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Mary J. Blige

BY CARL KOZLOWSKI CULTURE / FILM / ISSUE 54 November 11, 2011

An influential voice and R&B pioneer for 20 years now, nine-time Grammy Award winner and multi-platinum artist Mary J. Blige’s most recent project put her uncharacteristically behind the scenes. As the primary songwriter for this summer’s hit The Help, Blige found much in her background and American history to inspire her work for this challenging film.

What made you want to be a part of The Help?

“I had an aunt who was a maid. She worked for a wealthy white family that loved her to death— like, really loved her—and she raised their children just like Aibileen [the central maid in the film] would. [To say] to the little girl, ‘You’re smart, you’re kind, you’re important.’ Aibileen’s a survivor. The only way she was gonna survive was through walking in love and forgiveness, and that’s the only way I [have] survived.”

So you felt a particular connection to Aibileen?

“When I saw the film I cried so much. I got angry. I went through so many different emotions, but the thing that stood out to me the most is the courage this woman had. Just based on that alone is what made me say, ‘I’m in.’ But she was like, ‘I’m gonna stand.’ You gotta stand up and have the courage. That woman’s gonna go down in history books.”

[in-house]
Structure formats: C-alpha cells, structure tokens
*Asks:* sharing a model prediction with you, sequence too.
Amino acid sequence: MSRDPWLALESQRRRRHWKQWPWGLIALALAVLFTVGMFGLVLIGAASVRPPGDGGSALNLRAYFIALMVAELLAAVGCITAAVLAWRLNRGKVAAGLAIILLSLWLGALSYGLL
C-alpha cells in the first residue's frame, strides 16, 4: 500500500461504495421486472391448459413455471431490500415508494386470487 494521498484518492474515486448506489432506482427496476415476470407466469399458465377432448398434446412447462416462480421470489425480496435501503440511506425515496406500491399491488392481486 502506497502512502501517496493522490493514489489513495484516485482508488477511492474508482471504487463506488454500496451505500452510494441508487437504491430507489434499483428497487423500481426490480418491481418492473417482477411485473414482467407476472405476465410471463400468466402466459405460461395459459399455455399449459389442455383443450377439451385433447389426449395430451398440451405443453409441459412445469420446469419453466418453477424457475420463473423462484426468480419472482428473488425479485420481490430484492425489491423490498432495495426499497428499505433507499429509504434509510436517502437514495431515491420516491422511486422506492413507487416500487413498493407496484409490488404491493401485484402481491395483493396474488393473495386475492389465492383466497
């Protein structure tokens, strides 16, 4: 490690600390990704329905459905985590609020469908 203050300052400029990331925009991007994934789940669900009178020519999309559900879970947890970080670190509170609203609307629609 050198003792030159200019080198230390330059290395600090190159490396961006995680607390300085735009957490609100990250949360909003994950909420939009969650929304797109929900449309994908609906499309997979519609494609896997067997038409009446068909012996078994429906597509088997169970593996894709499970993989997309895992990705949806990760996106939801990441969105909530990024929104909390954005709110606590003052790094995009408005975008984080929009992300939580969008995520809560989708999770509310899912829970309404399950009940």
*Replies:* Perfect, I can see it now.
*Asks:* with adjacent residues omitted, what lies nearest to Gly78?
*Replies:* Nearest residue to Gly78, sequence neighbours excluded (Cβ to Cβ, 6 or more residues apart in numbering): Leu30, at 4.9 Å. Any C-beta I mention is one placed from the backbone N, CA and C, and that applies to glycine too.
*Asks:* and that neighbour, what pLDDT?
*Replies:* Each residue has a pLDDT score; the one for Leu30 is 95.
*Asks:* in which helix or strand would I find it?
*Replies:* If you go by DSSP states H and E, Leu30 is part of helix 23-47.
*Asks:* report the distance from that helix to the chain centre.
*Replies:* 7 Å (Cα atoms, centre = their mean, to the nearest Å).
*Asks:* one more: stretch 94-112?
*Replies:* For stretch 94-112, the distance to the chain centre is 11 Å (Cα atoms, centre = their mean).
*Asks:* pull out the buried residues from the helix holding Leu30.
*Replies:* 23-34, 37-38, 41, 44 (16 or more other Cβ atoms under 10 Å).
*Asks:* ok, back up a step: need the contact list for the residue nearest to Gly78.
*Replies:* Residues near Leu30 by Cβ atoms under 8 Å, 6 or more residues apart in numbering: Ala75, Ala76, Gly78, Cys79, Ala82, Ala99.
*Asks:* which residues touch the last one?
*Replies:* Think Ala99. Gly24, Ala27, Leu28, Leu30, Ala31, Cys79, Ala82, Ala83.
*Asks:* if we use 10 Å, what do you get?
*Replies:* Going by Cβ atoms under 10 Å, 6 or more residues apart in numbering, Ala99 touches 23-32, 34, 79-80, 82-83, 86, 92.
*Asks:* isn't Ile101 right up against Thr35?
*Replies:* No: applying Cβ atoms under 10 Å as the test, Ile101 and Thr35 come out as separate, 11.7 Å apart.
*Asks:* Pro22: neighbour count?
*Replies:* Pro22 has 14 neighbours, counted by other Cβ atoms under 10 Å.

The racism depicted in the movie feels so outrageous and blatantly wrong now, but of course, racism still does exist …

“I mean, it’s not as bad as it was, [but there’s] a lot of it still, you know. It’s a lot of back doors, and you can’t get the cover of a magazine because your skin is too dark. Learn this as a part of your history, so in case you run into it, you know what not to do. Because in this film you learn instead of getting angry and getting emotional, [Aibileen] walked off and forgave them.”

Is it appropriate to depict such a painful and insulting history as “entertainment”?

“Yeah, you de nitely have to. It’s important to see how far we’ve come, and it’s also important to see the courage we had to have. Someone had to have the courage to say, ‘I’m gonna talk to save us all.’ Someone has to stand up and break the curse or the cycle or whatever it is so we can all have what we’re supposed to have in life.”

What are issues today you’d like to see people stand up for the way the women in this film did?

“Women and children are suffering greatly, and if people would get together, things could change. But no one wants to—no one has. People are scared because their jobs are like walking on tightropes. It’s hard right now, and people are compromising because they want a paycheck, and I understand that. [People have ] family to feed, but who’s gonna be the sacrificial lamb? Somebody’s gotta do it.”